• 1919: Sir Barton becomes the first horse to win the Kentucky Derby, the Preakness Stakes, and the Belmont Stakes, though the term “the Triple Crown” wasn’t coined until 1930.
  • 1921: The tradition of playing “My Old Kentucky Home” as the horses parade to the starting gates begins as the University of Louisville Marching Band provides the music.
  • 1925: For the first time, the Kentucky Derby is broadcast on the radio, with WHAS Louisville and WGN Chicago covering the race.
  • 1930: Event organizers announce a date change to the first Saturday in May (the Derby had previously been held in mid-May).
  • 1952: The Kentucky Derby makes its television debut.
  • 1968: Dancer’s Image becomes the first horse to have a Derby win overturned after a failed post-race drug test.
  • 1970: Diane Crump becomes the first female jockey at the Kentucky Derby.
  • 1973: Secretariat becomes the first horse to finish the race in under two minutes. His 1:59.40 finishing time is still a race record.
  • 1986: Churchill Downs is added to the National Register of Historic Places.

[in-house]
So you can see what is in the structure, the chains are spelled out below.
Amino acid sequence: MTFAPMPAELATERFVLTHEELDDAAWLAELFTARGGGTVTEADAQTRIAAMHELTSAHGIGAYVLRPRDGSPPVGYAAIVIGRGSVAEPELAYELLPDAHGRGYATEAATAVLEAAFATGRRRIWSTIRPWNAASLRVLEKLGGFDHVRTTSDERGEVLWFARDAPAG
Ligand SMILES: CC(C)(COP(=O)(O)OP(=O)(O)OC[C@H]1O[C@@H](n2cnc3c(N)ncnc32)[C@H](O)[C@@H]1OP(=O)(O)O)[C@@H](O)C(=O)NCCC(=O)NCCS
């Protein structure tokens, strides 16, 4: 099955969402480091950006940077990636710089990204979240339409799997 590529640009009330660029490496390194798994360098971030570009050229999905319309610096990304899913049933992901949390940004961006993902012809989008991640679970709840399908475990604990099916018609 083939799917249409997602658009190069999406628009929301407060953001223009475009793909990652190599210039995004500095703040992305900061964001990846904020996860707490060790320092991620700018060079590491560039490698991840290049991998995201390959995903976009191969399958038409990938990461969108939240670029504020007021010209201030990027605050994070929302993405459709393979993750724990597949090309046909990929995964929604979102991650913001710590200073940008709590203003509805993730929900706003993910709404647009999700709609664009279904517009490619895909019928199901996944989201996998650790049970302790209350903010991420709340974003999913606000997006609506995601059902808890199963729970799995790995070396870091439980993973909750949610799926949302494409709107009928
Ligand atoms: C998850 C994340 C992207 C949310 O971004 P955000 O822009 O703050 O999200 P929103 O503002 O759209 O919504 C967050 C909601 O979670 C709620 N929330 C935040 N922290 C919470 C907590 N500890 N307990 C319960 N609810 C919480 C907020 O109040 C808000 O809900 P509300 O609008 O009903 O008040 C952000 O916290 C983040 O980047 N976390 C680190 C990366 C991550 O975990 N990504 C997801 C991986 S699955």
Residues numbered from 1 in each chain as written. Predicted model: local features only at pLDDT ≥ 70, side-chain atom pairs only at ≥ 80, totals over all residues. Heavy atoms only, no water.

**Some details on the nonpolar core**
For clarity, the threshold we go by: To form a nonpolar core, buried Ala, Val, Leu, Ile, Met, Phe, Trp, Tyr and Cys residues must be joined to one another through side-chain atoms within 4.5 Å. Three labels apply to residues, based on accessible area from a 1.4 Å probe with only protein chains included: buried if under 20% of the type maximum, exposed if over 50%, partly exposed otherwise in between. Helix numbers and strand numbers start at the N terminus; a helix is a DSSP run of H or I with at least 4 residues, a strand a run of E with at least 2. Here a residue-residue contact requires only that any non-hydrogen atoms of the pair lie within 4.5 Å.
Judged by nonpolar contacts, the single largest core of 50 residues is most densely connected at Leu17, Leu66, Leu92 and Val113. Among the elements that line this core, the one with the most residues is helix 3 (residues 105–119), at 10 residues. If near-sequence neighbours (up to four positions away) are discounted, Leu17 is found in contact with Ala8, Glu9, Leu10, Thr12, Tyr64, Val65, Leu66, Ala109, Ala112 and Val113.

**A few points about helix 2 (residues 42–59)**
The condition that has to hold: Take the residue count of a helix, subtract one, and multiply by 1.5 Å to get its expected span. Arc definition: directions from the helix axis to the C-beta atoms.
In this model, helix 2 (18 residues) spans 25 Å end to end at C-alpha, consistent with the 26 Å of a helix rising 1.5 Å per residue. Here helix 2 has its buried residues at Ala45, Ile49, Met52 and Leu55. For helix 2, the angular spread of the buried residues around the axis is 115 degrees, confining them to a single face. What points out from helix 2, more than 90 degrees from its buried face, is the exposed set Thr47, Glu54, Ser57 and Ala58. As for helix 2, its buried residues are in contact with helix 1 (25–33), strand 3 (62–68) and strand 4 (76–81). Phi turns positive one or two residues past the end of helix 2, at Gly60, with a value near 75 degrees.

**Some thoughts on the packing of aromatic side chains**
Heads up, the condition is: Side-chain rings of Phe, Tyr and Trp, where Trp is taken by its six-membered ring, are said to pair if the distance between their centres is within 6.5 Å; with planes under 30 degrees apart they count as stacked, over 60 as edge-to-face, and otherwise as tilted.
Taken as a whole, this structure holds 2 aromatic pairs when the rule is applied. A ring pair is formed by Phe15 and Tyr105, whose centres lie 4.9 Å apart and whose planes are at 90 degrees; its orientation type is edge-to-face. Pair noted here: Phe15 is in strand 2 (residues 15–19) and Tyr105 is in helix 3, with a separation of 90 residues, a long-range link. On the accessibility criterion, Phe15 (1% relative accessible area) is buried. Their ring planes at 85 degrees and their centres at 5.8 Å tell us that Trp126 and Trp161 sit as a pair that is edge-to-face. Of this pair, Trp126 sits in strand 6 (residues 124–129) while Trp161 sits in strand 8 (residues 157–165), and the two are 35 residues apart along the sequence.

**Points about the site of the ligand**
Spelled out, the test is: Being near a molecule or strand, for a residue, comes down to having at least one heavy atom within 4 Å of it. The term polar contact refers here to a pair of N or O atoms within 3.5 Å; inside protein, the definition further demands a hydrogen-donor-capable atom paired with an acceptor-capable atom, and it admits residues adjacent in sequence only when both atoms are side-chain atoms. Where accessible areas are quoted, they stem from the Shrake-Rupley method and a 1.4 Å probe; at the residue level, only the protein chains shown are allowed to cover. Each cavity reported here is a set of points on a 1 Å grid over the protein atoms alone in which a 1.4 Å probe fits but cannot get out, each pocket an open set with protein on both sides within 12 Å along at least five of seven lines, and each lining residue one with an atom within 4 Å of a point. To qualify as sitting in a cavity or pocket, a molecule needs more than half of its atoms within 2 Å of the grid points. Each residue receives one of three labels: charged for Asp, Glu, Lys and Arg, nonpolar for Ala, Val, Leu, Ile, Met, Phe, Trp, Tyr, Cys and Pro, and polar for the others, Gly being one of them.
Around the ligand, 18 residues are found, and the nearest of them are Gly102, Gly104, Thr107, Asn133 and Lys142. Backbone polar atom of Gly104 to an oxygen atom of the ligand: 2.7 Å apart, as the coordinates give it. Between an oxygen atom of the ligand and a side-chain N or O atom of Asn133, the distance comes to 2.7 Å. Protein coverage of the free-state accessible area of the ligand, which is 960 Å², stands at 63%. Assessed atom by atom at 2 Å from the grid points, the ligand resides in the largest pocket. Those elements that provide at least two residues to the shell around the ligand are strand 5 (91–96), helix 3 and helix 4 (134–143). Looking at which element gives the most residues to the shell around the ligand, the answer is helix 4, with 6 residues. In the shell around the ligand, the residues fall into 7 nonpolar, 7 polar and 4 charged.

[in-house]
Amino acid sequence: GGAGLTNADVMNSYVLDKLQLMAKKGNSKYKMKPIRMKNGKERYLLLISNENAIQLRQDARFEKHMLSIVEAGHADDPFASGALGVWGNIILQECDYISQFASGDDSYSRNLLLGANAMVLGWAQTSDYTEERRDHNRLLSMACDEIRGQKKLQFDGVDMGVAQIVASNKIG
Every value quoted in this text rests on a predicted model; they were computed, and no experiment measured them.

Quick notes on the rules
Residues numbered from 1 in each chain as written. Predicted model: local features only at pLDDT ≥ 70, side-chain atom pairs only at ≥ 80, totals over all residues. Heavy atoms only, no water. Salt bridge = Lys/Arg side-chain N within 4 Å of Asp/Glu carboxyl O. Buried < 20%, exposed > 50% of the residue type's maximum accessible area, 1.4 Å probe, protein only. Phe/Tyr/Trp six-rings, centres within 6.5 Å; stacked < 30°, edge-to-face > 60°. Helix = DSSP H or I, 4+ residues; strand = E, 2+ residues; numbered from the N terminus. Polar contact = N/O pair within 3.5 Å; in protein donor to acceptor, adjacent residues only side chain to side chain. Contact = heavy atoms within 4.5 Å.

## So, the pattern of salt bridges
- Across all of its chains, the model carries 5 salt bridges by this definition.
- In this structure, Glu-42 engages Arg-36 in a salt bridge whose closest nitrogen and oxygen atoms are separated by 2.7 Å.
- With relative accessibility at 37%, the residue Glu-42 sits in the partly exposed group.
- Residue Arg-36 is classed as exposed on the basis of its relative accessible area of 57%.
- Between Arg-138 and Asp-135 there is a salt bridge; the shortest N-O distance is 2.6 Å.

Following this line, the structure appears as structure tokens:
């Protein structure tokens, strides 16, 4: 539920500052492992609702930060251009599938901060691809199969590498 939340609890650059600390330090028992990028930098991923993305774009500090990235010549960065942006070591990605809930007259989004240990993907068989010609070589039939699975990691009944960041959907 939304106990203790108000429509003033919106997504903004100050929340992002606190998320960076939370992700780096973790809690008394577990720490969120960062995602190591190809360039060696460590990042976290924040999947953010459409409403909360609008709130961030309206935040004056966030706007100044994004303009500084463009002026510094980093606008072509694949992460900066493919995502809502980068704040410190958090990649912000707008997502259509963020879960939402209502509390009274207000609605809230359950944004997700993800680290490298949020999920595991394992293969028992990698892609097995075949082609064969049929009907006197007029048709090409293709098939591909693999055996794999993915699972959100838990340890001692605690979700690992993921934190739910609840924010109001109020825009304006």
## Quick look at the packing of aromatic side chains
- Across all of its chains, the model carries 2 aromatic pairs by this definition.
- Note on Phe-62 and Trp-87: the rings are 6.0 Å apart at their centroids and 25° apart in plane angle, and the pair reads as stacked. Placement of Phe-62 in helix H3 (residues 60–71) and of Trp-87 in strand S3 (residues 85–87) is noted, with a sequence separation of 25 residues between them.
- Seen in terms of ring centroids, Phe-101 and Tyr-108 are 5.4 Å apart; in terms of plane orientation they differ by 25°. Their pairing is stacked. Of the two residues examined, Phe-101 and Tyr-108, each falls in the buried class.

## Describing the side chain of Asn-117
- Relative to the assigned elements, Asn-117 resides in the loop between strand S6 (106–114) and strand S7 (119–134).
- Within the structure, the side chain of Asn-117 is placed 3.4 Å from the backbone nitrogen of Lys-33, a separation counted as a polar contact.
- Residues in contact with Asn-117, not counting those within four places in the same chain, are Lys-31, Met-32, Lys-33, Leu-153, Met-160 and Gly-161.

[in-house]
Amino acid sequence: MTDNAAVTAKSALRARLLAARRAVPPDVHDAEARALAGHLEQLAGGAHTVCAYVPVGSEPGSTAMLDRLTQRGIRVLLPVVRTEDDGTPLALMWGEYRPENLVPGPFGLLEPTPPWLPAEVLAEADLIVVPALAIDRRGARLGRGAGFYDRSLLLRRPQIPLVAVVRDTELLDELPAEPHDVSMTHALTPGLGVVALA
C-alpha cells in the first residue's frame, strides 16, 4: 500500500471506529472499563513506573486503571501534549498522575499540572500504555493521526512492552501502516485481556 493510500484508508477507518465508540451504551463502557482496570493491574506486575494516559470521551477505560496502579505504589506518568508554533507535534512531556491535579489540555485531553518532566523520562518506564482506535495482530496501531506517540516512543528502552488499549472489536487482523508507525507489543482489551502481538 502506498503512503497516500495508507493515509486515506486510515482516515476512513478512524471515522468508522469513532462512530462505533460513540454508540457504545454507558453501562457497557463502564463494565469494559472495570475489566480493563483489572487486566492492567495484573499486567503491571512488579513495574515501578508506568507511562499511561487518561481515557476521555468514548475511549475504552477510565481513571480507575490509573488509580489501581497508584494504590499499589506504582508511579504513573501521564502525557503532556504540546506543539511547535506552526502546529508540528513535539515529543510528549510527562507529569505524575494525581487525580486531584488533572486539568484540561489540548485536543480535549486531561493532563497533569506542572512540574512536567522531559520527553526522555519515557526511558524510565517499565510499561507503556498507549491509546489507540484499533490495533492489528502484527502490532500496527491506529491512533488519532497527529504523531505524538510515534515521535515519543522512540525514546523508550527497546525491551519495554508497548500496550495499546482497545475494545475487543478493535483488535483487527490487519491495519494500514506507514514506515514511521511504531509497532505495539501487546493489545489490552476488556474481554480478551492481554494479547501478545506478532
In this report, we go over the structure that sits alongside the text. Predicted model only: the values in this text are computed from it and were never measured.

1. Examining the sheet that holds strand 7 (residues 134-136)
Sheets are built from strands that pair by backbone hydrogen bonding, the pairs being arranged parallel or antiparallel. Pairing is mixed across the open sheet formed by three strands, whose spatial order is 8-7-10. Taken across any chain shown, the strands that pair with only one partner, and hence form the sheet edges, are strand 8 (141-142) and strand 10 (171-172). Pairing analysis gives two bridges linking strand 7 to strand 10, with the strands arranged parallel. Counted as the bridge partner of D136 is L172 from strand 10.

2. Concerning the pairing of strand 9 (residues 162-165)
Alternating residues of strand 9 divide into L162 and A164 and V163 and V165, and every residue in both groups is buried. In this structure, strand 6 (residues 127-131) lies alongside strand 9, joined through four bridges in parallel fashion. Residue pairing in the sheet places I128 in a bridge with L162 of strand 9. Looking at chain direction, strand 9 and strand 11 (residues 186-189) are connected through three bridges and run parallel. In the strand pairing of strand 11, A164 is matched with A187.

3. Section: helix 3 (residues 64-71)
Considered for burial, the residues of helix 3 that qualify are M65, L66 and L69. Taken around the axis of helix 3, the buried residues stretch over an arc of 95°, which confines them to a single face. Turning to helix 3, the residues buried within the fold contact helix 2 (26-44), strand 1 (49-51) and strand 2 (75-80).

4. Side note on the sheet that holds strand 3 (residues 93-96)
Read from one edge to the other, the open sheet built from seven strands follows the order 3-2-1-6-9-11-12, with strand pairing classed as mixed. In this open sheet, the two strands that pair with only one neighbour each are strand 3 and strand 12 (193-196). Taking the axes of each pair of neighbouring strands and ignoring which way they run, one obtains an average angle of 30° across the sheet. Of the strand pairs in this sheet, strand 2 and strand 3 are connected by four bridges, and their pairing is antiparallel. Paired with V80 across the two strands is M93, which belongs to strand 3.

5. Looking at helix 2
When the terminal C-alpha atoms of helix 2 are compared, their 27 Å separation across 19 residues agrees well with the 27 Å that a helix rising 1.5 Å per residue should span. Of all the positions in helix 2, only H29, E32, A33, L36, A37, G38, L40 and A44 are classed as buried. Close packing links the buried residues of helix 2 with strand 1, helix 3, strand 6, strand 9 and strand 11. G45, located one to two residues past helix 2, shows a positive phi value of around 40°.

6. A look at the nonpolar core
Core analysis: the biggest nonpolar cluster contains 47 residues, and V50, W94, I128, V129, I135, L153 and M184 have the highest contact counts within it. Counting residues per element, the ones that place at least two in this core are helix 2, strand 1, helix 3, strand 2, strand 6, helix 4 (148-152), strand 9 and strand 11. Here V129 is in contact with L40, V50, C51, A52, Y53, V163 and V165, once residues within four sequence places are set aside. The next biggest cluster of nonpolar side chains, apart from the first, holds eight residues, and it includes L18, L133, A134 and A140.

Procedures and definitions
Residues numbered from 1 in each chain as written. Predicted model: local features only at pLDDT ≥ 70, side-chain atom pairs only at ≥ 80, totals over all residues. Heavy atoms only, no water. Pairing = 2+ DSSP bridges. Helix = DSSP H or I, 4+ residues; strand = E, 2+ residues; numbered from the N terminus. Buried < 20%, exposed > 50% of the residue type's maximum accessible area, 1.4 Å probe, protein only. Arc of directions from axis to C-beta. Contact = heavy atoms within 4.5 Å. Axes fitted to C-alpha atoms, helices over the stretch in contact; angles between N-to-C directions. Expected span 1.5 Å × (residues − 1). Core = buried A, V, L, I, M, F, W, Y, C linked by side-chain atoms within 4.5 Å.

• 2004: A court decision allows jockeys to wear corporate logos on their clothing for the first time.
  • 2005: Rules for the purse change to include a prize for the fifth-place finisher (previously, only the top four finishers received a payout).

Kentucky Derby racing odds explained

Kentucky Derby racing odds can be represented in several different ways, and this is often a stumbling block for those new to the betting scene. However, with a little preparation, you’ll have the odds mastered in no time.

The most common listing you’ll see, especially when watching the Kentucky Derby on TV, is called “fractional odds.” These would be written out as “15/1,” “15-1,” or “15:1.” All of those representations mean the same thing: for every dollar wagered, you’ll earn $15 on a winning bet.

Outside of the United States, seeing decimal odds listed is more common. Decimal odds list a single number which is the payout total of a $1 bet. Using the same odds from the previous example, a horse at 15/1 odds would be listed as “16” in decimal odds ($1 bet plus $15 profit = 16).

You may also see “implied probability” listed next to the odds lines. Implied probability is the likelihood of a given outcome happening and is calculated by dividing 1 by the decimal odds. From our example, this would be 1/16 for an implied probability of 6.25, meaning a 6.25% chance of that horse winning.